Anarchy Will Not Be Utopian

Bad Arguments Vol. 40


Utopian views in anarchism, and libertarianism in general, need to stop. I’ve seen far too many try to position the idea of anarchy as a perfect ideal that will solve all of our social ills. Even as a self-proclaimed anarchist, I have to completely disagree. While there are general counter arguments that can be laid out against the utopian worldview, I will be focusing on, at first at least, the actual logical fallacies in play for making such claims.

The easiest fallacy to notice is what’s called the “Nirvana Fallacy.” The Nirvana Fallacy occurs when we compare actual things with unrealistic and idealized options as a method of attack against the former. For example, If I were to say that social media is terrible because we can’t simply communicate pure truths via thought, I would be committing this fallacy. Supporters of the utopian worldview commit this fallacy by using their idealized version of anarchy as an example of why we should remove the government. If they used more realistic examples, such as how freer markets perform better (note, not perfectly) or the “Spontaneous Order” arguments then they wouldn’t be guilty of this. There are far better reasons to support anarchy and the end of government than painting a perfect, impossible world as the counter. Plato was guilty of this notion with his “world of forms” which, in my opinion at least, were completely trounced by Aristotle.

A related fallacy that the Nivana Fallacy is often confused with is the “Perfect Solution Fallacy.” This fallacy takes place when we throw the proverbial baby out with the bathwater. By assuming a perfect solution exists, this discounts and ignores other options because it doesn’t fix absolutely everything. The distinction between these, though they both apply to utopian anarchism, is that with the Nirvana Fallacy we’re attacking a realistic option in place of an unrealistic one, and with the Perfect Solution Fallacy we’re specifically imagining perfection. In essence, the first fallacy falls for a false dilemma, while the second falls for a false dichotomy.

Utopian arguments also fall apart due to a logical error known as a “Self-Refuting Idea.” This logical error takes place when an idea becomes a falsehood simply by attempting to follow it as a truth. In the case of anarchy, we’ll see the argument that everything will be perfect and all, or at least most, social ills will be cured with the establishment of anarchy. The idea of anarchy is that everyone is free to act as they please without interference of a regulatory body with a monopoly on force. So what happens when someone acts with ill intent? The removal of government will not result in the removal of all bad actors who aim or are willing to cause harm for their views. The only way to prevent that would be to establish universal, ethical law applied to everyone, or to get people to act based on a homogeneous set of ethical or moral norms. If it’s truly anarchy, we can neither assume this will happen naturally while bad actors exist today, nor can we assume that we will be in a position to make our norms the standard across all people. To reach a utopia with anarchism would require a level of social interference that makes the anarchy aspect moot.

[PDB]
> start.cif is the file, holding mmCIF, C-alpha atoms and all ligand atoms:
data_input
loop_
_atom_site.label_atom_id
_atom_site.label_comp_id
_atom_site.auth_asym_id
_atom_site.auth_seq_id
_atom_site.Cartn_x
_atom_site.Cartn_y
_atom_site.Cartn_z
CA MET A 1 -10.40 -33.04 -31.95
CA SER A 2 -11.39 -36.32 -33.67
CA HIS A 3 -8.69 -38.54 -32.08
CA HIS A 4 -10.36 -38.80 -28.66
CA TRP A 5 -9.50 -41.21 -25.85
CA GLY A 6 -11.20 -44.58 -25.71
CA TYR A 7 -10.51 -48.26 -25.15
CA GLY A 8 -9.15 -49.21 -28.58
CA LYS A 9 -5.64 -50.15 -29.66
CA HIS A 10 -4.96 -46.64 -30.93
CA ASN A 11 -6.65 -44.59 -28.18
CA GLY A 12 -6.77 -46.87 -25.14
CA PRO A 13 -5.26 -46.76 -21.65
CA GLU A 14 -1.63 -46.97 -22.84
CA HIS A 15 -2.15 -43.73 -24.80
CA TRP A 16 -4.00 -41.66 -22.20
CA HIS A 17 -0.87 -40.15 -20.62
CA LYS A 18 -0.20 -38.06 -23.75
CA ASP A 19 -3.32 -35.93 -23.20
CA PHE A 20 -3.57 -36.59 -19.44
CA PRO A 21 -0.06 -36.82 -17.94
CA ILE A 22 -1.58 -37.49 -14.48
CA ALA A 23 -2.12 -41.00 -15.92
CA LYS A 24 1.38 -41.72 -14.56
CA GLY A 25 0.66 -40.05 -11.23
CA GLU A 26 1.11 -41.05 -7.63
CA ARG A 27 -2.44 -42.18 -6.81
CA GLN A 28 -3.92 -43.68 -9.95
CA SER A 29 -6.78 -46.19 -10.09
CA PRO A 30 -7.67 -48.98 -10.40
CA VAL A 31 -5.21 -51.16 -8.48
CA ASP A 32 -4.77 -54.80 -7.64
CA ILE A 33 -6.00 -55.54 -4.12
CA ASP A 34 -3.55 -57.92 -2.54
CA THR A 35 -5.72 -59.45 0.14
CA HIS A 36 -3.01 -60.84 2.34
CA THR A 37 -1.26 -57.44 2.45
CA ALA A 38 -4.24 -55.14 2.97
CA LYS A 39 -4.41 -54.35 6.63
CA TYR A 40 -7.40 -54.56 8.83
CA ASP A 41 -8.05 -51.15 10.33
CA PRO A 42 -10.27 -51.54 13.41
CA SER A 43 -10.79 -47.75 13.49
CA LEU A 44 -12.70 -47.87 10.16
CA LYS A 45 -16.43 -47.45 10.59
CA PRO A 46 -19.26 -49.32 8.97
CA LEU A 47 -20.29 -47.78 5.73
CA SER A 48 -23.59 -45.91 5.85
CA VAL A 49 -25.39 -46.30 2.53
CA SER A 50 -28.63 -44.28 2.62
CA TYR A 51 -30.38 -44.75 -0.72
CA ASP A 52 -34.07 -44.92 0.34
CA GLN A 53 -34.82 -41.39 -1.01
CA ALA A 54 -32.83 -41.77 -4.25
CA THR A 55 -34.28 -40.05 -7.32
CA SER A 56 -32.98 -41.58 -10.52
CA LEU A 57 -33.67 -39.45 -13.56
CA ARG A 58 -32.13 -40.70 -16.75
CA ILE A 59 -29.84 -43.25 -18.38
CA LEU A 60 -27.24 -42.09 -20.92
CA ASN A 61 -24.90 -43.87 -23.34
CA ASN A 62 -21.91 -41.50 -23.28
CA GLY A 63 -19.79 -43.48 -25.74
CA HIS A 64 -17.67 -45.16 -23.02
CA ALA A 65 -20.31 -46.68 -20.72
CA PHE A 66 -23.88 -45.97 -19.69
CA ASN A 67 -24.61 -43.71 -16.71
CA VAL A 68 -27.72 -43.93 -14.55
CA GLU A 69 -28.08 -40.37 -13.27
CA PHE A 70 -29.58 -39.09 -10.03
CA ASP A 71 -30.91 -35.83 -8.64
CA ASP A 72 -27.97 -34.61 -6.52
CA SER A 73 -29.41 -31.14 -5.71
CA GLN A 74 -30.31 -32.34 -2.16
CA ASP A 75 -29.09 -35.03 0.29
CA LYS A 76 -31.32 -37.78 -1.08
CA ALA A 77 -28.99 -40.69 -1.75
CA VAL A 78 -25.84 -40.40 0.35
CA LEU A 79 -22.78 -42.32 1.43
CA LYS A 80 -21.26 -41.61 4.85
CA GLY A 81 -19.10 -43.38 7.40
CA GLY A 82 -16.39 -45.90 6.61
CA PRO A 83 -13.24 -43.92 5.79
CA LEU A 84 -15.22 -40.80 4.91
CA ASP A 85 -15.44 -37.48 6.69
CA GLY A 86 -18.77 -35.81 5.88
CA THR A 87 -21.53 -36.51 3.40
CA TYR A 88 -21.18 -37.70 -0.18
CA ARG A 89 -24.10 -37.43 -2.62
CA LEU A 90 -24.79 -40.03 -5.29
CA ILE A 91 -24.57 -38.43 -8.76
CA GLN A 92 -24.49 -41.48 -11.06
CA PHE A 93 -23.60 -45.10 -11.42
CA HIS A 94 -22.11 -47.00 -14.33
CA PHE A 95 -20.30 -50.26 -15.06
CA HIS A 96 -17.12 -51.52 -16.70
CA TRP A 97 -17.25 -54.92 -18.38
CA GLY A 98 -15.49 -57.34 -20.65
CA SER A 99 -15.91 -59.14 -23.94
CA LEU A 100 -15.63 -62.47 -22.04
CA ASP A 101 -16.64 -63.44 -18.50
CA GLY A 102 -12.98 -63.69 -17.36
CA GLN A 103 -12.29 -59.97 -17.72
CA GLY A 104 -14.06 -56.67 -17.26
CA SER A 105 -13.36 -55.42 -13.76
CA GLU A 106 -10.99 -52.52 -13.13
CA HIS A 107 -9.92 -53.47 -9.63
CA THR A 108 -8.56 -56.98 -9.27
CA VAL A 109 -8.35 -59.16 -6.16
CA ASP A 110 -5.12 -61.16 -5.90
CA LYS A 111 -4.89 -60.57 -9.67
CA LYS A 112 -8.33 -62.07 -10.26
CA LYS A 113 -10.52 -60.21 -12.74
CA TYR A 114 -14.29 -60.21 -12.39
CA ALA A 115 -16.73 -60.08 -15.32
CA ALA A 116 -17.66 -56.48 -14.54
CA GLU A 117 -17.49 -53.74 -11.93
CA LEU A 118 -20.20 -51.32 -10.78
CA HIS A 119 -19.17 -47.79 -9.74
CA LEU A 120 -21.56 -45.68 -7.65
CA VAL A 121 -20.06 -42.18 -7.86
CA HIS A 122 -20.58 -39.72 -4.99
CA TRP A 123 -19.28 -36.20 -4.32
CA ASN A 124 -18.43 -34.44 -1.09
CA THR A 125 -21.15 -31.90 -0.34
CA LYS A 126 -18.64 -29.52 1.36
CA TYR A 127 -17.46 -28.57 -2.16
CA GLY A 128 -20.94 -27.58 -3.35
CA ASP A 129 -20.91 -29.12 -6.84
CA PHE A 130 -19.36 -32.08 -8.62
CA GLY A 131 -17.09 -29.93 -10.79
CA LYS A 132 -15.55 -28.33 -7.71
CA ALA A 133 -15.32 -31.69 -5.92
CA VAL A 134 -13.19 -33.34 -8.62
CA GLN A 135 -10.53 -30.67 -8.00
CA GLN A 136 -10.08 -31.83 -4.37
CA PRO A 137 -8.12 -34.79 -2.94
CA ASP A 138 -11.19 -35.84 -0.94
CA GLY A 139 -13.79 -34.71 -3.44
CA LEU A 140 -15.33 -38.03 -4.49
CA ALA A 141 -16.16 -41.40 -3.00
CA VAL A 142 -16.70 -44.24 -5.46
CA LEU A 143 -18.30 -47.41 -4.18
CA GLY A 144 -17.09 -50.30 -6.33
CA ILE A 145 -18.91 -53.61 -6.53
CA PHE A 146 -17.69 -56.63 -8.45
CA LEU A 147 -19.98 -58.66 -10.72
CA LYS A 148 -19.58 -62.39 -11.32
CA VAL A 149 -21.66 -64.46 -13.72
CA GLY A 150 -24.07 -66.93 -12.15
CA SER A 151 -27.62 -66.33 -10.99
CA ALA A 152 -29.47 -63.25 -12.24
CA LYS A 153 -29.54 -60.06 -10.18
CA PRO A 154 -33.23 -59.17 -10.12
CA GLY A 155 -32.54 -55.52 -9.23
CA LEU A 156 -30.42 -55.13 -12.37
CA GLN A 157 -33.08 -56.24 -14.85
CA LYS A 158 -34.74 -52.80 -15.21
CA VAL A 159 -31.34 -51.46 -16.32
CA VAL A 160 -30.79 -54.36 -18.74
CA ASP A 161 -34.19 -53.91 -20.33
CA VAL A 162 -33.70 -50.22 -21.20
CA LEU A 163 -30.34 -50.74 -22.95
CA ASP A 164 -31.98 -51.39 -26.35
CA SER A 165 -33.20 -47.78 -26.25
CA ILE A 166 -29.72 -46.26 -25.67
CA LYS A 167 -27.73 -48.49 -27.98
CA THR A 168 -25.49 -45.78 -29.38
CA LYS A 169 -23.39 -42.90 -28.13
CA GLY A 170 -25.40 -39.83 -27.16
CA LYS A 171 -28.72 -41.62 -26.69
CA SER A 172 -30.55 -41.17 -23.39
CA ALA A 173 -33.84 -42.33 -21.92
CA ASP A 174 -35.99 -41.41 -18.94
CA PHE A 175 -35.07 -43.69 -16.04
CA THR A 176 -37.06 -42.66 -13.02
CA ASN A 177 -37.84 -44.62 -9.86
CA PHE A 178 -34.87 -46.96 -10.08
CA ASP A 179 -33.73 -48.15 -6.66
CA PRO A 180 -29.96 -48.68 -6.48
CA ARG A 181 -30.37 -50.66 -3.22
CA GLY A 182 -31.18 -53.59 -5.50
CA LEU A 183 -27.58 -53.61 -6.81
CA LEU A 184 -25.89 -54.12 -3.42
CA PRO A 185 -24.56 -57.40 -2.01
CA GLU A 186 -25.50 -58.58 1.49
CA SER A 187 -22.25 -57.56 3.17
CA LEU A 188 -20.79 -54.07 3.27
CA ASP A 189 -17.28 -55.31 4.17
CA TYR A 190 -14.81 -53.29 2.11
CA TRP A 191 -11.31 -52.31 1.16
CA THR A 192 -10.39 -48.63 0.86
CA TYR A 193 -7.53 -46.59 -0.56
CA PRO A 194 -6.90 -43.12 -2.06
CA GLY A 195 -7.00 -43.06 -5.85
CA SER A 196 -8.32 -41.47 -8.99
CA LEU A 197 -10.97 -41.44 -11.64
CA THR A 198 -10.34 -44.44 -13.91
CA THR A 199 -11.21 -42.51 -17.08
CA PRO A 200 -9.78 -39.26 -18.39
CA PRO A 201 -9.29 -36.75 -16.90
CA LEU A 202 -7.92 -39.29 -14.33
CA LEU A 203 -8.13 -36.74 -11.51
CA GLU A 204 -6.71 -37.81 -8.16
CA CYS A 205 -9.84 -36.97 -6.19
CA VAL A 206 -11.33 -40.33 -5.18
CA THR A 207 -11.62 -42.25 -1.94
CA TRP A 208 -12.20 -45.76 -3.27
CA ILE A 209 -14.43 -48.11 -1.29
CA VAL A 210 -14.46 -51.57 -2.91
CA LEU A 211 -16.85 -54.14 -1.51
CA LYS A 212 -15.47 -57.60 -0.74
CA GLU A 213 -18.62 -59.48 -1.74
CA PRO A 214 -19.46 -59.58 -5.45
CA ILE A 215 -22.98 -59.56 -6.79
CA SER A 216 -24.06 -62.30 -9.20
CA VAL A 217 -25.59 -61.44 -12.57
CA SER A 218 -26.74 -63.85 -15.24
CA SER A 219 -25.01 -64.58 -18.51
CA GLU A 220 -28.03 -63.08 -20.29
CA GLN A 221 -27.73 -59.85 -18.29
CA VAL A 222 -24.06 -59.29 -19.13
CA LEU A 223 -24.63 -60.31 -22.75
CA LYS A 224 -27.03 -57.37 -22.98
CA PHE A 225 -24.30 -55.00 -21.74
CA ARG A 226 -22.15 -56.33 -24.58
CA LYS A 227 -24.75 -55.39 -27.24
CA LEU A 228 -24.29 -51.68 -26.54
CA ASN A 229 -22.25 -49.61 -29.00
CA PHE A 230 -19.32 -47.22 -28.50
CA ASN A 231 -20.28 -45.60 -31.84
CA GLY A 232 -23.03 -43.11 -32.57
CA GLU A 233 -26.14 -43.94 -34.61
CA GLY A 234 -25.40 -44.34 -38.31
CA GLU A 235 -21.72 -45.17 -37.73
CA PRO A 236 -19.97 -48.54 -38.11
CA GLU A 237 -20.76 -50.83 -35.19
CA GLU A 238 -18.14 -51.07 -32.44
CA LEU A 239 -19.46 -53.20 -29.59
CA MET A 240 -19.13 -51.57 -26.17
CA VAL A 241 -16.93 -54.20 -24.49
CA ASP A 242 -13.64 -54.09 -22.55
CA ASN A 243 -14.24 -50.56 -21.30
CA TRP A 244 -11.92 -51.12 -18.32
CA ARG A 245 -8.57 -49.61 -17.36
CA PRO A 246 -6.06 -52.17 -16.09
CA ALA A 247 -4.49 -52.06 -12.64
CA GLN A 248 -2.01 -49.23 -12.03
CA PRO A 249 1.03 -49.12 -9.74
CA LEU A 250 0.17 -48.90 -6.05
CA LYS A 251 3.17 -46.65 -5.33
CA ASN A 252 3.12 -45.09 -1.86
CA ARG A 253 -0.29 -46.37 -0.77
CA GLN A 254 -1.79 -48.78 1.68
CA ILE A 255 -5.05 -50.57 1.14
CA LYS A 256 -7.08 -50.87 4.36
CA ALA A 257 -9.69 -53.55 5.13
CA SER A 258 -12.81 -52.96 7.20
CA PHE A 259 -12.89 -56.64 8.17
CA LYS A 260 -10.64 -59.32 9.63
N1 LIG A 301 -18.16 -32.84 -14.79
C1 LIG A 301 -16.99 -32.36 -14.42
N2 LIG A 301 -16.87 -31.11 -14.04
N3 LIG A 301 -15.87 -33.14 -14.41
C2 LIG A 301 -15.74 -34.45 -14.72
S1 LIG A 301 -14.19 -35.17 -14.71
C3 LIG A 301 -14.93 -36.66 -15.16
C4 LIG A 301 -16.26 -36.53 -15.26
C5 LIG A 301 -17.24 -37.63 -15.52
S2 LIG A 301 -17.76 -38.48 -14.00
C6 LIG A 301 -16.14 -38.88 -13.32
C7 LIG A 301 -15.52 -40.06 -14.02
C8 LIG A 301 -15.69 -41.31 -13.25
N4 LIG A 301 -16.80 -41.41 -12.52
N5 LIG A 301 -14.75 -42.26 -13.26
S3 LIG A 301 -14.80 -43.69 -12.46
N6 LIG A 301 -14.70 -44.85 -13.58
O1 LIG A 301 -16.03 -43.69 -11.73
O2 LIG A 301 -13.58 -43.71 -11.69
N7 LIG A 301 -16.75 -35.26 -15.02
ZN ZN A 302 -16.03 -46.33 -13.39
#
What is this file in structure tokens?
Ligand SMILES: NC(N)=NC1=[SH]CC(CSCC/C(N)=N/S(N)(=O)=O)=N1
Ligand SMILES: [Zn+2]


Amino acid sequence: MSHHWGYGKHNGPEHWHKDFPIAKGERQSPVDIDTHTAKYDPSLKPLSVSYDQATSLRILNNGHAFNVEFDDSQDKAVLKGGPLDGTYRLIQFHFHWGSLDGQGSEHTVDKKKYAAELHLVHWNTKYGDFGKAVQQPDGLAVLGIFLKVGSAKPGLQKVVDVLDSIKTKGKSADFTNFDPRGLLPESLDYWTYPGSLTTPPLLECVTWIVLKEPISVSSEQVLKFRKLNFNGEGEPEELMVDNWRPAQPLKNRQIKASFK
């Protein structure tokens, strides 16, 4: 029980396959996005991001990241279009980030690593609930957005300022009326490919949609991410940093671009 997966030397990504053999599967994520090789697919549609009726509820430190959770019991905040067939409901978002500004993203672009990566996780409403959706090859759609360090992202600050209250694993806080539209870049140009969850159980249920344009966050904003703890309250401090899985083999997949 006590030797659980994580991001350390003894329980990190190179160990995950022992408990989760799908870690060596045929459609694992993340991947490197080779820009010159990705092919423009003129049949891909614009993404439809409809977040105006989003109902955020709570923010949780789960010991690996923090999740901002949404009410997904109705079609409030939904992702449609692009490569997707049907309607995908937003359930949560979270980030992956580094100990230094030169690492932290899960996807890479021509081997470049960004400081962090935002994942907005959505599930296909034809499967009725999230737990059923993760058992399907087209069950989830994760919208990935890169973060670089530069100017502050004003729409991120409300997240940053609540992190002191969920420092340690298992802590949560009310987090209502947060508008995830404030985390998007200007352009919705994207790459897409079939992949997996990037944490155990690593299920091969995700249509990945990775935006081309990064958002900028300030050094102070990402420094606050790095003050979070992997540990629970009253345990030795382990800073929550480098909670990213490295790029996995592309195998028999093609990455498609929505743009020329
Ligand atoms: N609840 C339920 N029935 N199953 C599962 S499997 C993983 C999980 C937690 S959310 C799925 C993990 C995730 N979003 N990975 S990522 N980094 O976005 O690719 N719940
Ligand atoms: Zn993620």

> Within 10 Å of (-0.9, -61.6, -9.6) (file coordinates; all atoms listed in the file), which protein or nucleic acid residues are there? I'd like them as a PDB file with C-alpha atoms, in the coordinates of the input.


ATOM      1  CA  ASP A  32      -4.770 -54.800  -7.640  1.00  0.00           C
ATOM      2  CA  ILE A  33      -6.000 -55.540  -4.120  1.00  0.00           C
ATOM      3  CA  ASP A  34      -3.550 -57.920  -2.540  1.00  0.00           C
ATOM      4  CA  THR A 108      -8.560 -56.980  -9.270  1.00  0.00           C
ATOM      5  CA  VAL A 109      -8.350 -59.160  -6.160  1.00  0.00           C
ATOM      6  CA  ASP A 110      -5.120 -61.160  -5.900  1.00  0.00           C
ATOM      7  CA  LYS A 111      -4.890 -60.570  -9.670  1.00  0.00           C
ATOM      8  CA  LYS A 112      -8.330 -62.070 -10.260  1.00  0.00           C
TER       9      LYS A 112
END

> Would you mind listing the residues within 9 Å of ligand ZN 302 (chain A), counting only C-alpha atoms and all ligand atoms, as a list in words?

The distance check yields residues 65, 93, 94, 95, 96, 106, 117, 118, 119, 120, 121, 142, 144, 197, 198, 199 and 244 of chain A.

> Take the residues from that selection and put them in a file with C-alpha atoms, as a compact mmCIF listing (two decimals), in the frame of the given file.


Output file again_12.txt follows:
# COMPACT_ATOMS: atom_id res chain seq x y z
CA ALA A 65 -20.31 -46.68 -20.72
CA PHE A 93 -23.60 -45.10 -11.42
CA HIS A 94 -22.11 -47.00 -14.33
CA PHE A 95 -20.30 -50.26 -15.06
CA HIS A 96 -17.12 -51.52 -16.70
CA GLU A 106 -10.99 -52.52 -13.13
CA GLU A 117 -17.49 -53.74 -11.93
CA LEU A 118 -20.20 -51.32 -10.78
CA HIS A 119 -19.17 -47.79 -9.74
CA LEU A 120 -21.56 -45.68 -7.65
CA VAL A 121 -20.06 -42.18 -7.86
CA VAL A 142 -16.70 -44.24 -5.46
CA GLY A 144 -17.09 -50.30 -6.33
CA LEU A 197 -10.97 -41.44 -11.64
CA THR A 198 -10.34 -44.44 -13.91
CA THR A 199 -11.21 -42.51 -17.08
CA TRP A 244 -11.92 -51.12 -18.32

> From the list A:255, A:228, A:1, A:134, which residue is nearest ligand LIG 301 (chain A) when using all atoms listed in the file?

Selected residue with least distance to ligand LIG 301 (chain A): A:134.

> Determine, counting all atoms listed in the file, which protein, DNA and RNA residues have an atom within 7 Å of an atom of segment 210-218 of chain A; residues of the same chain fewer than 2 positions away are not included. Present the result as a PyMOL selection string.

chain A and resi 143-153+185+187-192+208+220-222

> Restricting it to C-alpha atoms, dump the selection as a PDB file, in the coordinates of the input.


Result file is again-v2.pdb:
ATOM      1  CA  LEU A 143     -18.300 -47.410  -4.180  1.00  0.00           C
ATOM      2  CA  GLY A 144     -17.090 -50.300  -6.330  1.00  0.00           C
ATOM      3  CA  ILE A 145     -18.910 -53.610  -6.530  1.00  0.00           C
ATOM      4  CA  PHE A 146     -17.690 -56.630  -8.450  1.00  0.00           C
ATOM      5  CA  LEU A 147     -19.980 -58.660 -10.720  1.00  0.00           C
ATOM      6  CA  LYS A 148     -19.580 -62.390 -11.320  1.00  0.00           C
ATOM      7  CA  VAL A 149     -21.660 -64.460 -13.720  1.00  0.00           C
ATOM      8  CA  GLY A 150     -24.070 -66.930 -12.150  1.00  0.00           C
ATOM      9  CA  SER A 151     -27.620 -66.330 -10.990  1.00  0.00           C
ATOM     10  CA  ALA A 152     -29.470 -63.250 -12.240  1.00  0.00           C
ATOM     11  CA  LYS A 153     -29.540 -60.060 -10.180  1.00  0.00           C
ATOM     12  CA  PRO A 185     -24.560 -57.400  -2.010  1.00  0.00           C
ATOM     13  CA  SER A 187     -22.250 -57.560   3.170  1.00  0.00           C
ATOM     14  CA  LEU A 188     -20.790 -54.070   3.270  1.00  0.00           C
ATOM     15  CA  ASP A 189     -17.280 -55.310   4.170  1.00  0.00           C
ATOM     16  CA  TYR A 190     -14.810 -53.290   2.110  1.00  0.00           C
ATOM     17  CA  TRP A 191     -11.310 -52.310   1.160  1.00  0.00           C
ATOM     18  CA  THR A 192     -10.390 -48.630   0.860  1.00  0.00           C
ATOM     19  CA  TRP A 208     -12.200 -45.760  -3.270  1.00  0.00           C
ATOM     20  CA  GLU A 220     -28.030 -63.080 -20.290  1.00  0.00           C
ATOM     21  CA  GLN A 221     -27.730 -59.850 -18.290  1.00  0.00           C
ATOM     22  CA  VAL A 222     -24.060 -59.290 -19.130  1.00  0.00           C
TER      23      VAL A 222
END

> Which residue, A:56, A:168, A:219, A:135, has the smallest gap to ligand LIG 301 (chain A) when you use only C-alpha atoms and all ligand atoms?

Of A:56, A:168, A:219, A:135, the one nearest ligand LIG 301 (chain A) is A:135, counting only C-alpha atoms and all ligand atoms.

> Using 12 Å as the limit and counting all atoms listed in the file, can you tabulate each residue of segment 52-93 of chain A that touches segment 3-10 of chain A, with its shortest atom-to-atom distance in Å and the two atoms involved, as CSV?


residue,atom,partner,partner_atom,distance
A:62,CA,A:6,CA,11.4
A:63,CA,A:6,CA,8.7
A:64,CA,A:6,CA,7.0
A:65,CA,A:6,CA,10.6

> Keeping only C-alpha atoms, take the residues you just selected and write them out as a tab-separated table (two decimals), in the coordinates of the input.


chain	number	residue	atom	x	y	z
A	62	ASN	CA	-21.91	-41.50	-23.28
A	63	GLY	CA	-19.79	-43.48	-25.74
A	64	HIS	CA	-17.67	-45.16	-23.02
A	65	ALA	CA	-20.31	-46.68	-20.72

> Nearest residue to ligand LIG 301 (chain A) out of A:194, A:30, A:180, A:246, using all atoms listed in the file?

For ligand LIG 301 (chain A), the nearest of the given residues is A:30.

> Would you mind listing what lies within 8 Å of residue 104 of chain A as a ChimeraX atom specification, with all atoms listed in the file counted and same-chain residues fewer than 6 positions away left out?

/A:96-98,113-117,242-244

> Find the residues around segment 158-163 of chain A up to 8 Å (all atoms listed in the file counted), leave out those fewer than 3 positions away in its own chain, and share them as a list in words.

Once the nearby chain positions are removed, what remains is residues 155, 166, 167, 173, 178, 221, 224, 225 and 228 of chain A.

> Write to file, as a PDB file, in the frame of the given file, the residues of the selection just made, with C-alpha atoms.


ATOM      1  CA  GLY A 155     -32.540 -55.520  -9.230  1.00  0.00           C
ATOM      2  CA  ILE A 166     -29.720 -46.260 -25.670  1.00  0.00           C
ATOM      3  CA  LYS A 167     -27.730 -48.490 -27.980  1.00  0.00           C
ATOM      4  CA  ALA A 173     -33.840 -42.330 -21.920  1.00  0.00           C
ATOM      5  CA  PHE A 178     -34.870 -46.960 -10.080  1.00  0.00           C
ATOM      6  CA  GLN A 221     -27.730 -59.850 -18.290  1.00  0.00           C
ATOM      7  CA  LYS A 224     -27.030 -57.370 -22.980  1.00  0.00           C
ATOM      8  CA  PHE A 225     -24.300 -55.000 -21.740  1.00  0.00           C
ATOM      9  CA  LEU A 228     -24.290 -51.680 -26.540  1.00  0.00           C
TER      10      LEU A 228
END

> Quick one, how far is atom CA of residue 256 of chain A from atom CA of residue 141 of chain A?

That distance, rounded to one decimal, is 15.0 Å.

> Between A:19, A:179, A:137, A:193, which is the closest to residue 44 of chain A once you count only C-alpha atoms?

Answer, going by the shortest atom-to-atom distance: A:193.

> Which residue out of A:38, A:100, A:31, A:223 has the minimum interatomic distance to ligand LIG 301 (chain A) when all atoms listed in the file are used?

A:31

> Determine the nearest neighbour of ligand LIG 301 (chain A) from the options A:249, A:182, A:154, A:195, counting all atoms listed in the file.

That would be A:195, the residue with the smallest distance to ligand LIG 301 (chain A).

I mentioned earlier that I am an anarchist, and despite my critiques here that still holds true. We need to start understanding the differences between something being preferential and it being perfect. Anarchy is neither utopian nor perfect, and that’s exactly the point. When we argue for anarchism we ought to be able to do so purely from value statements such as freedom for all. To try and paint it as anything more than that preferential does more harm that good to your cause.

Read more from Killian at Think Liberty here.


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